Accumulation of the protein aggregates is the leading cause of cellular dysfunction in neurodegenerative diseases. In physiological situation, the protein misfolding is sensed by the cellular control systems as a threat to the survival of neurons, which will be followed by an immediate neuronal response. Any delay to detect the misfolded proteins, may result in neuronal deterioration and progression of neurodegenerative disorders. Alzheimer’s disease (AD), the most common form of dementia among the elderly and the third leading cause of death in adults is associated with two main lesions, both as a consequence of protein aggregation: extracellular plaques made of beta-amyloid (Aβ) and intracellular neurofibrilary tangles (NFT) made of tau protein.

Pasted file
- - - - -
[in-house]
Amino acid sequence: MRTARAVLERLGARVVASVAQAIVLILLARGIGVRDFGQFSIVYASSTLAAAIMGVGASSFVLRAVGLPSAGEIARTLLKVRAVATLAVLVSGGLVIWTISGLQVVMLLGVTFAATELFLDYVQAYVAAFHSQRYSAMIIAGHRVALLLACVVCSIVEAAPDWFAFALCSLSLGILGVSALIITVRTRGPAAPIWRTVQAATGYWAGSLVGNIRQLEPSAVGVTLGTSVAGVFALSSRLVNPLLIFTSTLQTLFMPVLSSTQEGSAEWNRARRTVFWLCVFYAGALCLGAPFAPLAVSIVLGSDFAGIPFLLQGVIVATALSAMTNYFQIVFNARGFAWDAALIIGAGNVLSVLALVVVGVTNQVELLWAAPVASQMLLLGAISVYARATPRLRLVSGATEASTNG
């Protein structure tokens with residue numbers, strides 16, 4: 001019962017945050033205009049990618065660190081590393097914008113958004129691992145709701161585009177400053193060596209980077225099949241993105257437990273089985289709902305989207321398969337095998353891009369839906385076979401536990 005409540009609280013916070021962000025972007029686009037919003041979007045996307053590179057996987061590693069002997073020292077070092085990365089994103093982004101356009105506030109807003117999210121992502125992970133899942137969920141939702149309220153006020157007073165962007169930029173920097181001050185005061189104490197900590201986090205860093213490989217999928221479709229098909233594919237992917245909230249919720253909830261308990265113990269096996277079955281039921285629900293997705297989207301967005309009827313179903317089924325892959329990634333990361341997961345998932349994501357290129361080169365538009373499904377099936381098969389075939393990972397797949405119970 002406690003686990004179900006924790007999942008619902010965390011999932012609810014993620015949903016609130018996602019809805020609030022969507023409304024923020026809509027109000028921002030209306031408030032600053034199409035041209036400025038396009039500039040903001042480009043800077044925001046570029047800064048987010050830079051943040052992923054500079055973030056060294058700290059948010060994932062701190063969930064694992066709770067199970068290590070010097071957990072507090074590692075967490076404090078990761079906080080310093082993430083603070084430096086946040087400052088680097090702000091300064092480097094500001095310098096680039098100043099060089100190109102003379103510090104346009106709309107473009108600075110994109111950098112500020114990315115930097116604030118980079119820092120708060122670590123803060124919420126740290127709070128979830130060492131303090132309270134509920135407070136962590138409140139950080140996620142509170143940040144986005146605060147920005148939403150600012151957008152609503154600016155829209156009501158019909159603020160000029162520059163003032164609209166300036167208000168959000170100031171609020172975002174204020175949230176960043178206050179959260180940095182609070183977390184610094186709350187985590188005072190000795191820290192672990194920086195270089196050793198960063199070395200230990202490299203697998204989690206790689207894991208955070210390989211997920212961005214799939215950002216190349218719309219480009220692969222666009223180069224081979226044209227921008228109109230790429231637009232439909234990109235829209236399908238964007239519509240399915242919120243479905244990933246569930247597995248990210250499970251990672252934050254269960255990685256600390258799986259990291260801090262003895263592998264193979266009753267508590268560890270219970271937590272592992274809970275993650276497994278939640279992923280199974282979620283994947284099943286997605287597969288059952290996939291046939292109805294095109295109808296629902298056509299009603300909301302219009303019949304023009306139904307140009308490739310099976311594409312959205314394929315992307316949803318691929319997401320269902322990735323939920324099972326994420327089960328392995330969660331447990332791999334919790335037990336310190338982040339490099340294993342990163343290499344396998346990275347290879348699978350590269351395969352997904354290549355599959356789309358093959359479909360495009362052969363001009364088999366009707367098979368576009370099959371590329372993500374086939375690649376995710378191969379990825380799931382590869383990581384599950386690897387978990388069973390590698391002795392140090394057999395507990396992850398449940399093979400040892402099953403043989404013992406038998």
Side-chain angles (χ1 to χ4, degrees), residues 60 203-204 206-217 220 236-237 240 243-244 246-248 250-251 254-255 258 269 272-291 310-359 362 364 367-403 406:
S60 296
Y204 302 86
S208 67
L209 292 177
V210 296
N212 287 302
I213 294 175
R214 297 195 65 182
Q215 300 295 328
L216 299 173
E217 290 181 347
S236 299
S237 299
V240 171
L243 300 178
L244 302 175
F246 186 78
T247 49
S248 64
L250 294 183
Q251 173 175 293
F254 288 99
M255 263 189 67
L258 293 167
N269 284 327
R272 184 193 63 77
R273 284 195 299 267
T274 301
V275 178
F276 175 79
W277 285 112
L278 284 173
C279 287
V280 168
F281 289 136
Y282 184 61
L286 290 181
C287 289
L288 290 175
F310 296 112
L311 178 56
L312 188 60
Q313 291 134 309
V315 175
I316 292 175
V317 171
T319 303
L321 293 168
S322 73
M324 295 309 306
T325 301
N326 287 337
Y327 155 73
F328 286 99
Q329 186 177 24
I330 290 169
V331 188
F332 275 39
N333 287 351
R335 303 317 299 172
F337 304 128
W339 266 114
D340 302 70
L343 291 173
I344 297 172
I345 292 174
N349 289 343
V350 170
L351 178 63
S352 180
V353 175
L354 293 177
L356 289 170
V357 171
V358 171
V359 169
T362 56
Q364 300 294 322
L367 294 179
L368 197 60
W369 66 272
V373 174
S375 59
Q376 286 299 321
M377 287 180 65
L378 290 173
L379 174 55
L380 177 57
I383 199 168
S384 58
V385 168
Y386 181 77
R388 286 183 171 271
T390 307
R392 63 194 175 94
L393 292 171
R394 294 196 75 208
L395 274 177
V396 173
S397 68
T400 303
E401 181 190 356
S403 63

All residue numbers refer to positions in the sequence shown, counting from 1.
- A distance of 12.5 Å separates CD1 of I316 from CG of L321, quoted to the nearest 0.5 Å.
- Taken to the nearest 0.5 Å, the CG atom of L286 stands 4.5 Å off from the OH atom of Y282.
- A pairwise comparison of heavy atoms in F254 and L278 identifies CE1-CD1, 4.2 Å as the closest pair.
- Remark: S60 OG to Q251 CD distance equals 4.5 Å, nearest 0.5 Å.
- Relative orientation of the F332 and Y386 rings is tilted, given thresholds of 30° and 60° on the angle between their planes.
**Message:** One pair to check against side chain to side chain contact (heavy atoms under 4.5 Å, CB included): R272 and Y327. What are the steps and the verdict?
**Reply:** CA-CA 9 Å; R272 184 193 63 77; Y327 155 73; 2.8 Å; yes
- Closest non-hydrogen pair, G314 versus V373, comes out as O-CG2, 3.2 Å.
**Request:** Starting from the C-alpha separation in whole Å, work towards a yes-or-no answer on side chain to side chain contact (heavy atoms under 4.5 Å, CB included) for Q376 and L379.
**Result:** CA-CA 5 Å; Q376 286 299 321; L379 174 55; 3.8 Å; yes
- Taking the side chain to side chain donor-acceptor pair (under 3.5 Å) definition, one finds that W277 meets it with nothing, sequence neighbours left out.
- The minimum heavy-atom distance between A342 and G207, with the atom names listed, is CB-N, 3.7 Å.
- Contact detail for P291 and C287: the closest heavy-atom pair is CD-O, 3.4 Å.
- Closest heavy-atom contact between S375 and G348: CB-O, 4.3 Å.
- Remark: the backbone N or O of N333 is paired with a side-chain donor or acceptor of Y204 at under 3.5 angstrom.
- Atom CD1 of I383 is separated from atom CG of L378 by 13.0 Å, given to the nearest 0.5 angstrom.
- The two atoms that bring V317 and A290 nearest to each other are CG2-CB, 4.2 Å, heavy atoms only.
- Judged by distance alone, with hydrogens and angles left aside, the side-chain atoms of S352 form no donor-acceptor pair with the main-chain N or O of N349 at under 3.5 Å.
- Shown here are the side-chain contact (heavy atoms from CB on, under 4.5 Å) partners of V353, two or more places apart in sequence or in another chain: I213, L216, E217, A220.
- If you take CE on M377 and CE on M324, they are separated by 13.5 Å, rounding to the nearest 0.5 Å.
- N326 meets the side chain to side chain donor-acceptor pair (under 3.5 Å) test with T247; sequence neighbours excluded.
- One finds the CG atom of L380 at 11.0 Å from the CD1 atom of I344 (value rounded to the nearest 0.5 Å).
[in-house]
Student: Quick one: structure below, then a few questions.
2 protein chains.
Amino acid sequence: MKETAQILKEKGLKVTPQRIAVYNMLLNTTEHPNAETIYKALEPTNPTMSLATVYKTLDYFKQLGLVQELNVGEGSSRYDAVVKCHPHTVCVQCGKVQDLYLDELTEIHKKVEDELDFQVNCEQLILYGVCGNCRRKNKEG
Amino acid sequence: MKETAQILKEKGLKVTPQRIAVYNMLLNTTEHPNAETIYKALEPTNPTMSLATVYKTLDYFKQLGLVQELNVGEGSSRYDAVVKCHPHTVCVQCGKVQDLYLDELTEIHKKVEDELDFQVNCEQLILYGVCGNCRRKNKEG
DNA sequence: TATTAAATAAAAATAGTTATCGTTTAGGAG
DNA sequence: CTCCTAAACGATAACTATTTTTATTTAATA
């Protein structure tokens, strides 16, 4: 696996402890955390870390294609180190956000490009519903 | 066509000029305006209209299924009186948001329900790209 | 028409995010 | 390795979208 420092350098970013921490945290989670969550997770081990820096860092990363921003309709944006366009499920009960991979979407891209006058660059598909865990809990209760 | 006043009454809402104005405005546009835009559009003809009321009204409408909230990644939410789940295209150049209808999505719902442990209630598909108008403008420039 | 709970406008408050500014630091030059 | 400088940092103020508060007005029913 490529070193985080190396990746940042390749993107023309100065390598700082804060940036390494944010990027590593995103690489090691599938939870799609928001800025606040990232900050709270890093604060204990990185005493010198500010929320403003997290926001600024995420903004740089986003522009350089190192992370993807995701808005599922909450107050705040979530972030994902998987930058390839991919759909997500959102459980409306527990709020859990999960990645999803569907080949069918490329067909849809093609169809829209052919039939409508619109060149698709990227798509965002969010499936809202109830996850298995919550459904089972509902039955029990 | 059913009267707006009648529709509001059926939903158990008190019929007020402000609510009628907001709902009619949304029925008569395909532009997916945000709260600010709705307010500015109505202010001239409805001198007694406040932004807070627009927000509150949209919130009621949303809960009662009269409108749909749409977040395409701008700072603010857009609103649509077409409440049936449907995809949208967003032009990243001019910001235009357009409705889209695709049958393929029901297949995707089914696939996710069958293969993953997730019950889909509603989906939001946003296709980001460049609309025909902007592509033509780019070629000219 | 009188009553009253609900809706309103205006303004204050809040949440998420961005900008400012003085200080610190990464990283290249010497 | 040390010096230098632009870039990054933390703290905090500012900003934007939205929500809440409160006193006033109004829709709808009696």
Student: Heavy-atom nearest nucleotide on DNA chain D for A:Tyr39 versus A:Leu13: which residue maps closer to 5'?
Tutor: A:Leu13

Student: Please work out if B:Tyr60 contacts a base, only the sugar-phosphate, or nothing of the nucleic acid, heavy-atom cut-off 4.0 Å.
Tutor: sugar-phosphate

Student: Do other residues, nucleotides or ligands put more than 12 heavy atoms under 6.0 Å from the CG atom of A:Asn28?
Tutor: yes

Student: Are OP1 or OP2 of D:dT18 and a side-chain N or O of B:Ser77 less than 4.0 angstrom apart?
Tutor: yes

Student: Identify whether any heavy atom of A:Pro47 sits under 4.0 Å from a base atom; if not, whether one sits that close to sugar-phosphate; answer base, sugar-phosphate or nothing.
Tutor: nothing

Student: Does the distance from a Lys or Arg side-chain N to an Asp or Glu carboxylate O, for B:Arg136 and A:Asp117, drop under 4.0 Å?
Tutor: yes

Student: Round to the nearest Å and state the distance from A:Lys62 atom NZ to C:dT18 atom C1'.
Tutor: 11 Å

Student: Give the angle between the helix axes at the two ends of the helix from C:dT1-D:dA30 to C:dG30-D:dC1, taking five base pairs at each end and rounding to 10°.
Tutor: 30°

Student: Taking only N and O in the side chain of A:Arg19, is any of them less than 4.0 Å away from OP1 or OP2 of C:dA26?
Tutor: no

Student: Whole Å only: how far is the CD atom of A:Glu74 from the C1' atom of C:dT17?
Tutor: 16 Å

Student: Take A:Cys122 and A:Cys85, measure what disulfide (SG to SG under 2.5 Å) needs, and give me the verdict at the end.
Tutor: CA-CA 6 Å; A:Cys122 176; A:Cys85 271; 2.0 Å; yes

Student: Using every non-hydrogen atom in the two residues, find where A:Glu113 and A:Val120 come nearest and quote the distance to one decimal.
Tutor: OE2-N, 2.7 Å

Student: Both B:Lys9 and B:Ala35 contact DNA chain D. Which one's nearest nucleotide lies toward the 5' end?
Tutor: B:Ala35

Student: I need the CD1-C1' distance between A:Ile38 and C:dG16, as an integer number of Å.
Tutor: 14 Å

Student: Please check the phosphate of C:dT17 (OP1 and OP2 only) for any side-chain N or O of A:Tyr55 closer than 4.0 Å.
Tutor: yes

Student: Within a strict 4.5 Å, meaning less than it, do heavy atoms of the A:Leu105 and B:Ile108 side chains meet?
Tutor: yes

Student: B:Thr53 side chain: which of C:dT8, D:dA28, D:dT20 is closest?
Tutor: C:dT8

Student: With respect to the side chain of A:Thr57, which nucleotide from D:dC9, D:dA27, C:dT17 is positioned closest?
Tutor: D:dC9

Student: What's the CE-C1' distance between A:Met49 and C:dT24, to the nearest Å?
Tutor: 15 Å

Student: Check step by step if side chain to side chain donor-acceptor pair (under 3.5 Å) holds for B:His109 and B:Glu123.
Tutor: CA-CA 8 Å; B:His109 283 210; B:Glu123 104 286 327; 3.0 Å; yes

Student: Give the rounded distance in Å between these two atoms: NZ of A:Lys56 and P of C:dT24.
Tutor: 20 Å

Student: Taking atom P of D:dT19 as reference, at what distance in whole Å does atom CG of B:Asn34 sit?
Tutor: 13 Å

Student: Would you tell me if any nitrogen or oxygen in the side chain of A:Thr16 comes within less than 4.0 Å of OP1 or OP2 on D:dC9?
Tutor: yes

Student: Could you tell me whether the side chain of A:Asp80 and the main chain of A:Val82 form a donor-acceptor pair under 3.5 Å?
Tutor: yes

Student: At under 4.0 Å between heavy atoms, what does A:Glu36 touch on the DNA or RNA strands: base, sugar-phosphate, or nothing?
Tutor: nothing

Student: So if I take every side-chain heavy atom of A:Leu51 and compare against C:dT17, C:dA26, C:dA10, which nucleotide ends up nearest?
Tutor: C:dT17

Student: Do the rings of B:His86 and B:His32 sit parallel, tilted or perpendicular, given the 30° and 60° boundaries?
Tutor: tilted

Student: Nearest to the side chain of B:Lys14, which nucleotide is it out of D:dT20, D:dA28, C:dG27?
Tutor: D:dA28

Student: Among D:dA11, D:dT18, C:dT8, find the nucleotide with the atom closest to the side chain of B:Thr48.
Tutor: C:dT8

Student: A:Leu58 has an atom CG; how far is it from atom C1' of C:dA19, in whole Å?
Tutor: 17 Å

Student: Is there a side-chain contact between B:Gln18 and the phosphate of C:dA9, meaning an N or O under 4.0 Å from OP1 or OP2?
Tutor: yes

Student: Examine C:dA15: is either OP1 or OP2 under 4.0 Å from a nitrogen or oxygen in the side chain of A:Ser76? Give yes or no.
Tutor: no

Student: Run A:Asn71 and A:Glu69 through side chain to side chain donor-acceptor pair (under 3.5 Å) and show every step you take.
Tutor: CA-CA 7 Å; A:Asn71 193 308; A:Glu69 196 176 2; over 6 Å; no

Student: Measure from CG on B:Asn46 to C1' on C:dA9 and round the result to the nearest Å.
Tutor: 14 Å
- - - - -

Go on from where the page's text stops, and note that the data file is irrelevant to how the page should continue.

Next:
A large plaques of Beta amyloid (red) surrounds a neuron which is highly positive for phosphorylated m-TOR (green). Phosphorylated m-TOR reduces cell ability of autophagy, a critical process to clear beta-amyloid. Accumulation of tau protein in Neurofibrillary tangles (cyan) could be seen in another neuron above beta amyloid plaque. Image Credit: Neuronal Injury & Repair (NIR) Laboratory; Dr. Shohreh Majd)
Although the process of neuronal death is a common feature in Alzheimer’s disease, underlying mechanisms are still under investigation. In this scenario, Aβ and Neurofibrillary tangles are considered as the main neurotoxic proteins to initiate neurodegeneration.
(Video Credit: Nature Video)